If you feel like taking a little exercise, you could take the half hour hike from Rigi Kulm down to Rigi Kaltbad. There you can use the thermal spa or enjoy a meal or snack.
When it’s time to travel back to Lucerne, your classic round trip ticket includes a brief ride on the rack railway to Rigi Kaltbad, which you can then use if you chose not to hike down here.
At Rigi Kaltbad you’ll then board the cable car for a scenic, 10-minute trip to Weggis before transferring to the boat for the 40-minute return journey to Lucerne.
Read more – How to Visit Mount Rigi
Golden Round Trip to Mount Pilatus
Like the all-inclusive Mount Rigi option, the Golden Round Trip for Mount Pilatus is a self-guided tour ticket that includes various forms of transport to get you to the summit and back.
Tip: The entire journey from Lucerne to Mt. Pilatus is fully covered for Tell Pass holders. Swiss Travel Pass holders receive free travel on trains, boats and buses and 50% off the cogwheel train and cable car.
To start your excursion, you board a bus at Lucerne bus station for the trip from the city to Kriens, where you can board the cable car bound for the summit.
This scenic journey will take you to the top, from which there are of course sweeping views over the Swiss mountains and lakes.
Hiking is just as popular at Mount Pilatus as it is at Mount Rigi during the summer season. There are about 20 trails to choose from, and the shortest takes around an hour and a half to complete.
Some trails are closed during the colder season.
You may also wish to take the famous Pilatus toboggan run. This operates during summer and is located close to the cable car station. It’s Switzerland’s longest seasonal toboggan run and makes for a thrilling ride through the landscape.
When it’s winter, lots of visitors take part in snow sports. Adrenaline activities like parasailing may also be available, and there is also a rope park and an adventure playground on Mount Pilatus.
If you’d rather simply relax, both the Pilatus-Kulm Hotel and the Hotel Bellevue have good restaurants to dine at while enjoying the unparalleled views.
Once it’s time to head back to Lucerne, you will board the steepest cogwheel railway in the world bound for Alpnachstad.
After the exciting descent, a boat trip across the serene waters of Lake Lucerne will take you back to the city.
Read more about Mt. Pilatus in this complete guide
After your mid-afternoon return to Lucerne, you can choose whether to walk the Old City Walls or visit one of the city’s fine museums.
Old City Walls
If you visit between April and November, a section of the medieval city wall is open to the public. This northern part of the wall is known as Musegg Wall, and comprises an 850-metre section complete with nine towers that are very well preserved.
Four of these ancient towers are open to visitors, and the superb city views make it well worth the effort.
As well as the impressive Swiss Transport Museum, Lucerne has several other noteworthy options. Art buffs will love the Picasso and Rosengart museum, while those who prefer music may like to visit the Richard Wagner museum.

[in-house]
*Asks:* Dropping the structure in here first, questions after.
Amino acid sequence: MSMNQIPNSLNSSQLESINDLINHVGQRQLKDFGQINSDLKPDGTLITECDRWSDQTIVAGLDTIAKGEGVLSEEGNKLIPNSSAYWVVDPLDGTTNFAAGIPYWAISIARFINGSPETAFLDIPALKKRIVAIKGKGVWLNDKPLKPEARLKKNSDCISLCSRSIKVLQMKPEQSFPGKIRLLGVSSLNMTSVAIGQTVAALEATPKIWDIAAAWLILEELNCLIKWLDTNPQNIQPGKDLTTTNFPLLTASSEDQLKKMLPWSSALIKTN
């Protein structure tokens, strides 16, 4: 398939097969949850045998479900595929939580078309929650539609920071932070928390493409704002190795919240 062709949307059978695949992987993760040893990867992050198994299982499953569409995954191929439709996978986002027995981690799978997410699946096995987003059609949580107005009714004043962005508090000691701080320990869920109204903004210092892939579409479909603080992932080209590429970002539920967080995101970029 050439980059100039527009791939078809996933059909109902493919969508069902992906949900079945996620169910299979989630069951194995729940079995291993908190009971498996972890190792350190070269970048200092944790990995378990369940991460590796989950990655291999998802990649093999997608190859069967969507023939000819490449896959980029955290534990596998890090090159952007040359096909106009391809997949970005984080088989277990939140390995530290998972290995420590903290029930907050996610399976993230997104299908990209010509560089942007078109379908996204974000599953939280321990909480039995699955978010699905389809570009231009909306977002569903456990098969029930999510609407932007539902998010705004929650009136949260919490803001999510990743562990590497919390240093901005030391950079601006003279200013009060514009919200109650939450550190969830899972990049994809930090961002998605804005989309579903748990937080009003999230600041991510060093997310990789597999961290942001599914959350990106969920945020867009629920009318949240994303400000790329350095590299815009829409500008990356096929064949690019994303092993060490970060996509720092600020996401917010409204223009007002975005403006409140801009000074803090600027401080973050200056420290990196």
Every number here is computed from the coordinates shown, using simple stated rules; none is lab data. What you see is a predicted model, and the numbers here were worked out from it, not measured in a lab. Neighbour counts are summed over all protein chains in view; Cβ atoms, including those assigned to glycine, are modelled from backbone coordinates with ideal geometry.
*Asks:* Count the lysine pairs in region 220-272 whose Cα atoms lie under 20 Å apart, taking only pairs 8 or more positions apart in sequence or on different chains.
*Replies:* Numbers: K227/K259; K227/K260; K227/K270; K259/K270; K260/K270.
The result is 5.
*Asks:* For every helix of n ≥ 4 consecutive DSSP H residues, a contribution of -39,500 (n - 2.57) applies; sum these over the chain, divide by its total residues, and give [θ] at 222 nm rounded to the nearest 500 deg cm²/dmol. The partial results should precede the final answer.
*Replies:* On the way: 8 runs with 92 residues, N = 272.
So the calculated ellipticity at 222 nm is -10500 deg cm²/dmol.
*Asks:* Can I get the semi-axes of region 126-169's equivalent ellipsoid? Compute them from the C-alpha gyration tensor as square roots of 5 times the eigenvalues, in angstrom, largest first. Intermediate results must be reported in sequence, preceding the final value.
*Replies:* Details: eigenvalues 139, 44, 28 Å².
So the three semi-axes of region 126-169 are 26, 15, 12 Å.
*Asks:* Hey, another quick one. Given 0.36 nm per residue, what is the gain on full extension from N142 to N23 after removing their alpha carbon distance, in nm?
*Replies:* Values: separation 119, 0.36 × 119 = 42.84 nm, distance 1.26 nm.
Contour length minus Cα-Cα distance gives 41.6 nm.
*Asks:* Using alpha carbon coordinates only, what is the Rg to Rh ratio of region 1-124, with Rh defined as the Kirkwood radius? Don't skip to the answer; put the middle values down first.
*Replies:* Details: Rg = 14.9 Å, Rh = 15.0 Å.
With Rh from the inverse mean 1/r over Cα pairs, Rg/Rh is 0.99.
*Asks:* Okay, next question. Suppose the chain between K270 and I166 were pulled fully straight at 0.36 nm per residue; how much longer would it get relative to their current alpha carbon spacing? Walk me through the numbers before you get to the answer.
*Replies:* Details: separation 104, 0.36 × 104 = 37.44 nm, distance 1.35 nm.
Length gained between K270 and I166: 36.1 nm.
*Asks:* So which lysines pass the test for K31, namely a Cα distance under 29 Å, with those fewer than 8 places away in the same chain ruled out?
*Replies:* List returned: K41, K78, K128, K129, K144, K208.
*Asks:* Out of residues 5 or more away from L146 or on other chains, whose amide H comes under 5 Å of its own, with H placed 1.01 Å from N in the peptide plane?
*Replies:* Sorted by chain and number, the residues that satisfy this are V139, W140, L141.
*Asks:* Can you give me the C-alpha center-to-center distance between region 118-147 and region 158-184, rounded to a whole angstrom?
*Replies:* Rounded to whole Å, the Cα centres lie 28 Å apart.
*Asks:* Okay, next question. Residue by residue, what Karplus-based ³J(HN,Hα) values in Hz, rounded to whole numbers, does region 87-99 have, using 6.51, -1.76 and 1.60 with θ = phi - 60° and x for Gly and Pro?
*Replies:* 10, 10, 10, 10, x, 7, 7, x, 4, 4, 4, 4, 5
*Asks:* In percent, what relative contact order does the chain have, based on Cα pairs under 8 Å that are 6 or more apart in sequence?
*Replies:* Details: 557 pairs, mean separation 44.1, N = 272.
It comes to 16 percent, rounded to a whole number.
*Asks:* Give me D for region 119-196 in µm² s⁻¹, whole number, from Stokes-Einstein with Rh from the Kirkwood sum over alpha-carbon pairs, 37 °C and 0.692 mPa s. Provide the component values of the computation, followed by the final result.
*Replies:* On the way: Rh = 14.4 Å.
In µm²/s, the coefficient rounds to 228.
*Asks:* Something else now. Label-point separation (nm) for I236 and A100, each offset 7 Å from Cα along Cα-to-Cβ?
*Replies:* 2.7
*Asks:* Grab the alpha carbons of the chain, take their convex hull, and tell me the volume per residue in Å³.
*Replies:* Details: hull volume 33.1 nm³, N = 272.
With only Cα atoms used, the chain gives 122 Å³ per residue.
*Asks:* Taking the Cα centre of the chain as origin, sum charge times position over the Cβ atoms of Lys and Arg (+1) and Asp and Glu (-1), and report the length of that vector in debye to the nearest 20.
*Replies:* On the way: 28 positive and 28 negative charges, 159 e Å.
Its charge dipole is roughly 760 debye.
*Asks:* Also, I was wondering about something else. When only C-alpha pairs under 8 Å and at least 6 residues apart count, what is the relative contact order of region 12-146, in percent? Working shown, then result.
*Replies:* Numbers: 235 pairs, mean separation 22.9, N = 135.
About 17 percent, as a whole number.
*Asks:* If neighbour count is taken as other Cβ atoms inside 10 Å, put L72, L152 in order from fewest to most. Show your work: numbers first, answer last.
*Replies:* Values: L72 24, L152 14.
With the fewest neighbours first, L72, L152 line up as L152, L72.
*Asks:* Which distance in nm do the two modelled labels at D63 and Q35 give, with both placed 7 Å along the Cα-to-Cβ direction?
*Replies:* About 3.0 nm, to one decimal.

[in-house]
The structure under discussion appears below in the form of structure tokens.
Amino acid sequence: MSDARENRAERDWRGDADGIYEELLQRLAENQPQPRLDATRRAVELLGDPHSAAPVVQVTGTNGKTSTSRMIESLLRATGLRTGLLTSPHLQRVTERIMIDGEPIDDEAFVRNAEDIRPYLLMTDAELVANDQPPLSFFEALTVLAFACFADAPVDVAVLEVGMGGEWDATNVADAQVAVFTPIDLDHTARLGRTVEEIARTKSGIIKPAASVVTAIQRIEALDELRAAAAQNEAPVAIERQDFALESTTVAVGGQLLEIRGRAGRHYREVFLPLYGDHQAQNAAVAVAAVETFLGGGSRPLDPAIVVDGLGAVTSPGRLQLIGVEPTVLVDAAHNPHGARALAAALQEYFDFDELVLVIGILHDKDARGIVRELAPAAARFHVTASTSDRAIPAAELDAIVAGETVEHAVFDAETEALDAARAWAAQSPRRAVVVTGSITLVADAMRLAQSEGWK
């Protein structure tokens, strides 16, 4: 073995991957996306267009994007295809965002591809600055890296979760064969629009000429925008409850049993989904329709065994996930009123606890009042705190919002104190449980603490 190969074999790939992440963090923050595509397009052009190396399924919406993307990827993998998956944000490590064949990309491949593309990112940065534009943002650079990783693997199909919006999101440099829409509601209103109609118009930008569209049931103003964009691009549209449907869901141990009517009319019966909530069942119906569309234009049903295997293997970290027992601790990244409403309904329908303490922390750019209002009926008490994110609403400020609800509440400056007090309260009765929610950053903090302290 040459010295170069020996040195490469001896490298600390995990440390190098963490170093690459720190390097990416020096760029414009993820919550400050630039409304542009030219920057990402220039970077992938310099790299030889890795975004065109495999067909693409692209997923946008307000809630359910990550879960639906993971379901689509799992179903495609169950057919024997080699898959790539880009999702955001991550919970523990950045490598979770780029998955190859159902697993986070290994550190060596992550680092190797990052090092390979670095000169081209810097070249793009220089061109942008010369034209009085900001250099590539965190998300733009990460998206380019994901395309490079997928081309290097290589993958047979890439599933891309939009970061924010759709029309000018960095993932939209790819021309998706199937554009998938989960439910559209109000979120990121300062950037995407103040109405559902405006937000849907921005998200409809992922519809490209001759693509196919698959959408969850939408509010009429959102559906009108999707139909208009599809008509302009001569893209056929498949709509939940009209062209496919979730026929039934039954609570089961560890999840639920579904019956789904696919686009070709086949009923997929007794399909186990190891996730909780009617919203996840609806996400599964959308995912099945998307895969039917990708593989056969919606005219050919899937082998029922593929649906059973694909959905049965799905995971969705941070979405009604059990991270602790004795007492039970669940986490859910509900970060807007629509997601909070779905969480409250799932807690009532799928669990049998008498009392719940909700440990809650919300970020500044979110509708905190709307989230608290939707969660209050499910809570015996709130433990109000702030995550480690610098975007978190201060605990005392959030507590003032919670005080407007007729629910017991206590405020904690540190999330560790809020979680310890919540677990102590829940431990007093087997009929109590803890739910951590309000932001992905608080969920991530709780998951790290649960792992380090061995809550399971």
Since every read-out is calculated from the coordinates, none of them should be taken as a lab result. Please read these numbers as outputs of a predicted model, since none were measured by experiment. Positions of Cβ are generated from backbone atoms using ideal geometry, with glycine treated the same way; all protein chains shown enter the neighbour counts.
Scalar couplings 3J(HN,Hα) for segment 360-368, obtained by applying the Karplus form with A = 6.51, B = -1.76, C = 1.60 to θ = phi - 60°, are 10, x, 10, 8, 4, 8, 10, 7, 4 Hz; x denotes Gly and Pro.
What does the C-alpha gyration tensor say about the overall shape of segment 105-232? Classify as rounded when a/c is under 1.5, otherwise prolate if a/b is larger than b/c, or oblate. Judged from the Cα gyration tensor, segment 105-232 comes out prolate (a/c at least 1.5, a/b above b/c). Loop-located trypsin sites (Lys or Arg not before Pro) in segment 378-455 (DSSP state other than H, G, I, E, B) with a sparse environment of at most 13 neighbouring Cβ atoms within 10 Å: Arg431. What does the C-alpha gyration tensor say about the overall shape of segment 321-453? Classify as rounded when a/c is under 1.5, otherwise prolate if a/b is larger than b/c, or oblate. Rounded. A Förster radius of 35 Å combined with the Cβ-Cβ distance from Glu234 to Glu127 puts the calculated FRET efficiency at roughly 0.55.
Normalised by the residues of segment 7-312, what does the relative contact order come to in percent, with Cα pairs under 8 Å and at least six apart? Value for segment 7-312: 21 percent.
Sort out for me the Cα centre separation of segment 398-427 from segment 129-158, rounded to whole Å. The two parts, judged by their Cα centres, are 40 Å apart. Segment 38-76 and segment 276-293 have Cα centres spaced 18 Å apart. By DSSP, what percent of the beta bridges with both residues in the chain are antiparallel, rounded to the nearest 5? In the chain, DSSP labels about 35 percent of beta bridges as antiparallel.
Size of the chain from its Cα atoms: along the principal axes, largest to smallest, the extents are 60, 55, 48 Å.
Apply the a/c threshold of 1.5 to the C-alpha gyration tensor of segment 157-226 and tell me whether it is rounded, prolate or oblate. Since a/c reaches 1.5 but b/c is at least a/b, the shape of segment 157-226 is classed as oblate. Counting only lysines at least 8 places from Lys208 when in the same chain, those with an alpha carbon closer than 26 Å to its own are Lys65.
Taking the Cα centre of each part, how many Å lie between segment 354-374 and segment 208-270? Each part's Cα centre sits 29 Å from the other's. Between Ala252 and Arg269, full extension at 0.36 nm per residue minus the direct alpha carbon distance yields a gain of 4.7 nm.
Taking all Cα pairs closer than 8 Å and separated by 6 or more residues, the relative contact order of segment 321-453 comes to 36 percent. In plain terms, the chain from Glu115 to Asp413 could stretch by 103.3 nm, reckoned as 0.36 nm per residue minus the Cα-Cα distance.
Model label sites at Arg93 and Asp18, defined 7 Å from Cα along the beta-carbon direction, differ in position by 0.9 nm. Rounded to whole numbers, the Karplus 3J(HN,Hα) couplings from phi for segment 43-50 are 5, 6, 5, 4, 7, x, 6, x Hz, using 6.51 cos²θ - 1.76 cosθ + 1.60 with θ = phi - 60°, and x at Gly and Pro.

Richard Wagner Museum
Located on a street named after the composer, this museum occupies a villa set among parkland in the Tribschen district. Inside you can learn all about his life, including his exile from Germany.
A piano Wagner used while composing can be seen at the museum, as well as other artefacts such as furniture, letters, paintings, photos, and original musical scores.
Also known as the Sammlung Rosengart, the Rosengart Collection can be found on Pilatusstrasse in Lucerne. This museum features works by the likes of Cezanne, Monet, Klee, Matisse and Picasso.
The whole ground floor of the museum is devoted to Picasso, and as well as his works there are also about 200 photos of the artist to see. For Klee fans, there are around 125 drawings and paintings on display.
In total the museum holds more than 300 Impressionist and Classic Modernist works from 23 different 19th and 20th century artists.
Guided tours are available for those who wish to find out more about the artworks and the lives of their creators.
Having dinner at the Old Swiss House restaurant in Lucerne is a must, as they cook the Wiener schnitzel at the table right beside you. The restaurant is also housed in a traditional Swiss building dating from 1859.
Inside, the restaurant is richly decorated with luxurious fabrics, wooden panelling, gilt-framed paintings, antique furnishings and crystal glassware.
It’s the ideal venue for a final night dinner date in Lucerne.
Further reading – Explore more things to do in Lucerne here
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2 days in Lucerne itinerary – Final thoughts
As you can see, there is so much to do in and around Lucerne that two days may not seem like quite enough.
We really hope you enjoy following this itinerary. It can of course be as flexible as you like to suit your plans, so do feel free to switch things around.
Whatever you get up to, Lucerne is an unforgettable city and is sure to leave you with lasting memories for many years after leaving Switzerland.